“In other types of events, like wildfires, we’re also concerned about air quality. I’ve [also] been in situations after a fire in the North where we have to worry if there’s a bear in somebody’s house when places have been left unoccupied for quite some time as wildfires rage around a town. There are lots of bears up in Northern Canada, and parts of the United States, and they [tend] to go where the food is.”
Soil-shifting compromises a building’s foundation
Mandeville says an earthquake is the most severe event regarding structural concerns, and every structure must be assessed by a professional engineer afterwards.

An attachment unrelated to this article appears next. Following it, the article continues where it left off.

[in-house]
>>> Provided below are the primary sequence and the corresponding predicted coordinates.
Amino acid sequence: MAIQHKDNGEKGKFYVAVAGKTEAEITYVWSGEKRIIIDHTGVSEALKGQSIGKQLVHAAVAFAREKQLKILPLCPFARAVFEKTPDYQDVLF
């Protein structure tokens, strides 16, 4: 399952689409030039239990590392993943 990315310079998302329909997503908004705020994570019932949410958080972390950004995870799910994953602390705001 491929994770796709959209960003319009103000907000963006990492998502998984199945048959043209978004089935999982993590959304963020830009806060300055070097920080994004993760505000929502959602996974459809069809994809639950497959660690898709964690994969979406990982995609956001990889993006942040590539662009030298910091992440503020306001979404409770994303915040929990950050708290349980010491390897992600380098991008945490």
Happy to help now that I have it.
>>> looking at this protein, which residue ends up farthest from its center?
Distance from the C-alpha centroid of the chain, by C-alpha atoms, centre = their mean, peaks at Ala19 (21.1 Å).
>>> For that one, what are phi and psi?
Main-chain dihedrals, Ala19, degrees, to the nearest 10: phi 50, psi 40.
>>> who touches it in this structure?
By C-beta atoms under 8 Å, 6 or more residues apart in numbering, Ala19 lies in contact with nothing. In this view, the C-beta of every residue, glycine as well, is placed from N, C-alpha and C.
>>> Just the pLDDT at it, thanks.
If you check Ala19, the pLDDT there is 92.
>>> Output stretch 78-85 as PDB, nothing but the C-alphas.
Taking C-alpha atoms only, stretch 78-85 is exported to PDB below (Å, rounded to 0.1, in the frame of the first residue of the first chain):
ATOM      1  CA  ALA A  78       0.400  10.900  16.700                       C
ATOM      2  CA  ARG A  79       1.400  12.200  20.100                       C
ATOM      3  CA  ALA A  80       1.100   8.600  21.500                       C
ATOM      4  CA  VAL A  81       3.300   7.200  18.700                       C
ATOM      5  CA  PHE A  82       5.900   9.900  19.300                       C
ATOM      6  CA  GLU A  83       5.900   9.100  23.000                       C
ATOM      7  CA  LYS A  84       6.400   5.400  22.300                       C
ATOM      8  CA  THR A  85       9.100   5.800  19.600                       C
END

Foundation damage is frequently an issue after hurricanes as high winds can push a structure and affect how the walls connect with the foundation, as can damage caused by flying or floating debris. The strong winds and storm surges associated with hurricanes may cause landslides and soil erosion, or shifting that can compromise the integrity of a building’s foundation. As floodwaters from a hurricane or heavy storm begin to recede, uneven ground subsidence around a building may become problematic, particularly if the soil becomes saturated, or the building is not properly anchored.
“When it comes to natural disasters such as hurricanes or floods, typically there’s a visual inspection done by the building owner as well as by an informed party, usually a general contractor or a restoration contractor like ourselves,” said Mandeville. “Then, if we see any visual evidence of real problems, we’re going to involve a structural engineer. It depends on what it is, but if it looks wrong, it’s probably wrong.”